by Terence Dackombe: Well, ok, I take your point… please allow me to expand on that. There were plenty of other people around to ruin my childhood, most of them priests and monks, so to pin the blame solely on Tony Benn is perhaps rather wilful.
When The Beatles were, suddenly, the most popular musical act in the United Kingdom, Brian Epstein and Dick James had to pull in favours, or beg, to enable the group’s enormous number of fans to actually hear any of their music on the radio.
Due to an absurd ‘we know best’ stitch up between the Musicians’ Union and the Victorian era time-travellers of the sheet music vendors, the BBC was only ‘allowed’ to play a handful of hours of recorded music each day.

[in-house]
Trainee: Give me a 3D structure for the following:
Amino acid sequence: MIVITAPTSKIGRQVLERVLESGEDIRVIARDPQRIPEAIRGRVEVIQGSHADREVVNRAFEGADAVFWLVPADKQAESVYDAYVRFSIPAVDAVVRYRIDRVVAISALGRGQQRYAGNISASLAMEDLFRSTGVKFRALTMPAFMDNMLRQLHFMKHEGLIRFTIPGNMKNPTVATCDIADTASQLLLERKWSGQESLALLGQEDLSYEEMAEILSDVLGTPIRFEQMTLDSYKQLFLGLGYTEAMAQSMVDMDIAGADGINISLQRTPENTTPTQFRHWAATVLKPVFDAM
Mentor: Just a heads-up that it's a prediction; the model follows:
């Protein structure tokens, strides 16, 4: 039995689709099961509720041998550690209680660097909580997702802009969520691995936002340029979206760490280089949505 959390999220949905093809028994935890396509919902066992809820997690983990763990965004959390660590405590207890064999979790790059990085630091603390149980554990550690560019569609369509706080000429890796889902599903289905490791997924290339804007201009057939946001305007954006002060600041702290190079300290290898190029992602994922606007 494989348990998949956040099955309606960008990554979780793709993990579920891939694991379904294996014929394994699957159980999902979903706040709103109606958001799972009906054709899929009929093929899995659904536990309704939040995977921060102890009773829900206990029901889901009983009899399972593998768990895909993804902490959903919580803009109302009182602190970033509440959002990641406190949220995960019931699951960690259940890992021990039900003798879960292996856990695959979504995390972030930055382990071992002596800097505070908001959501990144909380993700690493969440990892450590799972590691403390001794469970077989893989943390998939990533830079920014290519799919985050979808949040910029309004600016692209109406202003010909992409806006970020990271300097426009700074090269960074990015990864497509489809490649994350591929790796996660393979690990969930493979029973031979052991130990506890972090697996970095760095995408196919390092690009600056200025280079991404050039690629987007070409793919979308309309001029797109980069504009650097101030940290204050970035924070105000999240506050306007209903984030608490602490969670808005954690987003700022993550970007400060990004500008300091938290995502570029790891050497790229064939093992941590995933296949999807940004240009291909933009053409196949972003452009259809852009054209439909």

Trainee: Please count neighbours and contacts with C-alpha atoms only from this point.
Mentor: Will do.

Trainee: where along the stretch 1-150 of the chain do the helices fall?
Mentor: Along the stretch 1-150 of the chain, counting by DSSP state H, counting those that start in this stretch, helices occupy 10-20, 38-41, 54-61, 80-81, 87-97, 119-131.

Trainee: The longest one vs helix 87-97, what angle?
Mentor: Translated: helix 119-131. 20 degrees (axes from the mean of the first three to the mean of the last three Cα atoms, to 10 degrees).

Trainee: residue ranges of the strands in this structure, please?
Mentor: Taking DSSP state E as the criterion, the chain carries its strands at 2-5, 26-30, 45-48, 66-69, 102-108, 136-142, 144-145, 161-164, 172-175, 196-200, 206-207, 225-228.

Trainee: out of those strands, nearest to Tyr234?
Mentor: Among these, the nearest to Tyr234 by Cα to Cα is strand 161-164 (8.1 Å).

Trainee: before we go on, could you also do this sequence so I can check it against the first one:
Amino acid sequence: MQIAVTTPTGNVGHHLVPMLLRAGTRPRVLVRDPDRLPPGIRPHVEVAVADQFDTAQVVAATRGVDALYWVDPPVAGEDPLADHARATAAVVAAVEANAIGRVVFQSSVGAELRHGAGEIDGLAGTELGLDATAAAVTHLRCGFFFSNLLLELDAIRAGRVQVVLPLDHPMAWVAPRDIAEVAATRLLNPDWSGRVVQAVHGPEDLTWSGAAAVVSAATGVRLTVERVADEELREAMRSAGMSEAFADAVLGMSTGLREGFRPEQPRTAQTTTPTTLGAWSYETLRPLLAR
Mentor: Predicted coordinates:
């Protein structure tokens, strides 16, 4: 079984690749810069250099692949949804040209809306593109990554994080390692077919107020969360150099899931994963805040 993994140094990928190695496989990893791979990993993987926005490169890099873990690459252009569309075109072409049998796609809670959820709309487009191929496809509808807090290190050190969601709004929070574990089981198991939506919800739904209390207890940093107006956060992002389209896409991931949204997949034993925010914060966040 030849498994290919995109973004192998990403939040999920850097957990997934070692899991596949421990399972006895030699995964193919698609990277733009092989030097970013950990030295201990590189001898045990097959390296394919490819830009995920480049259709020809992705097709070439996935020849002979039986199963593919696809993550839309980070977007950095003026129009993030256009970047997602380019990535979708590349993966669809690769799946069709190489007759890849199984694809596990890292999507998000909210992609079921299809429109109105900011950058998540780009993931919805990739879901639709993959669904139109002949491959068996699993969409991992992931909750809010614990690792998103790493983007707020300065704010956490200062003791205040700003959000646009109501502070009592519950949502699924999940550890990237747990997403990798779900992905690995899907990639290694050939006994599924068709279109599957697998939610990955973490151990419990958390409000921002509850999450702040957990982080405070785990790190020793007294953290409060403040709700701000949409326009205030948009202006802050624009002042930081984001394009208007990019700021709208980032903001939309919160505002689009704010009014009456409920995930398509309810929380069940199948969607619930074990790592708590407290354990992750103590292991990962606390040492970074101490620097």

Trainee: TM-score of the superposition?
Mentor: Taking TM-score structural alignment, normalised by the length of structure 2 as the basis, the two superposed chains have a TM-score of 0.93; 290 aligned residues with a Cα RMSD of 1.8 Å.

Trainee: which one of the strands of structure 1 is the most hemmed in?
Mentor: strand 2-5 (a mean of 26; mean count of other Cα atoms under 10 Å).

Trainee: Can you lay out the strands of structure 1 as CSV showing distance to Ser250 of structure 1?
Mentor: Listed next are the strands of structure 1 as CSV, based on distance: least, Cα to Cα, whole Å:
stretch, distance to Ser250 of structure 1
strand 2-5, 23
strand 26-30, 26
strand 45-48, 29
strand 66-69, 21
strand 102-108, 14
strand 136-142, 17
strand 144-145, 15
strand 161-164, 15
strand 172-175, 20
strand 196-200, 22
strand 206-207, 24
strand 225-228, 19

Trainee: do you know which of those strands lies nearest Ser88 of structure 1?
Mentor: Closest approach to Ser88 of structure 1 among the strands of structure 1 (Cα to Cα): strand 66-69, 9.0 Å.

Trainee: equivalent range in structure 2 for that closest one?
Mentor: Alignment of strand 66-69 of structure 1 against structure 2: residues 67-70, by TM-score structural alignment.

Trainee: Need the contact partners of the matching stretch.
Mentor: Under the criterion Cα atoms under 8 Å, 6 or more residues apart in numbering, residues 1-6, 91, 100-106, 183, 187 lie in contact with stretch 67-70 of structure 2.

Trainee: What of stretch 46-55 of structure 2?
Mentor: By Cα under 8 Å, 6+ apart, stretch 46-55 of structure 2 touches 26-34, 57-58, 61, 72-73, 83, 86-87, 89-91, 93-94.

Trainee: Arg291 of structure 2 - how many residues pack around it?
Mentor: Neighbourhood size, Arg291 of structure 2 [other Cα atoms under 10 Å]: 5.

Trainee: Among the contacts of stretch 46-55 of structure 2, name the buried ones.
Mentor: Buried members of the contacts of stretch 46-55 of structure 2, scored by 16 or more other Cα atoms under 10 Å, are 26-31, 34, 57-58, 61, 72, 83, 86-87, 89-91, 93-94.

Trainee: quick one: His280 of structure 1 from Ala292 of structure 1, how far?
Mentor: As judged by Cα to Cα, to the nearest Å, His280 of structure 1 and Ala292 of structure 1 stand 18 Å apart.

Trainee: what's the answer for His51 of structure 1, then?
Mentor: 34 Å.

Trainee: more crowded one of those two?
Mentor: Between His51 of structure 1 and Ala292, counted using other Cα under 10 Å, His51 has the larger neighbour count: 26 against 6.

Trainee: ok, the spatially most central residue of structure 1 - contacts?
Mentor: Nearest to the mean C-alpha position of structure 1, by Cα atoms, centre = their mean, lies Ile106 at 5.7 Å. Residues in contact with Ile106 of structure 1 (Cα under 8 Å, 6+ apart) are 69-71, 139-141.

When we take into account that the BBC, and especially radio shows playing popular music, was run by former servicemen (officer class only) who knew what was good for you (and it wasn’t The Beatles, Rolling Stones, or The Hollies) then fans of the new guitar groups were living in a cultural Sahara.
At night, when parents, guardians, or roaming priests were ensuring that we were asleep, there was the pop music fan’s 1964 equivalent of crack – Radio Luxembourg, which employed, extraordinarily, some young-ish people to introduce 45 rpm singles without the hoods of the Phonographic Performance Limited banging down the door to wrest the music of The Kinks, and Gerry and the Pacemakers from their grasp.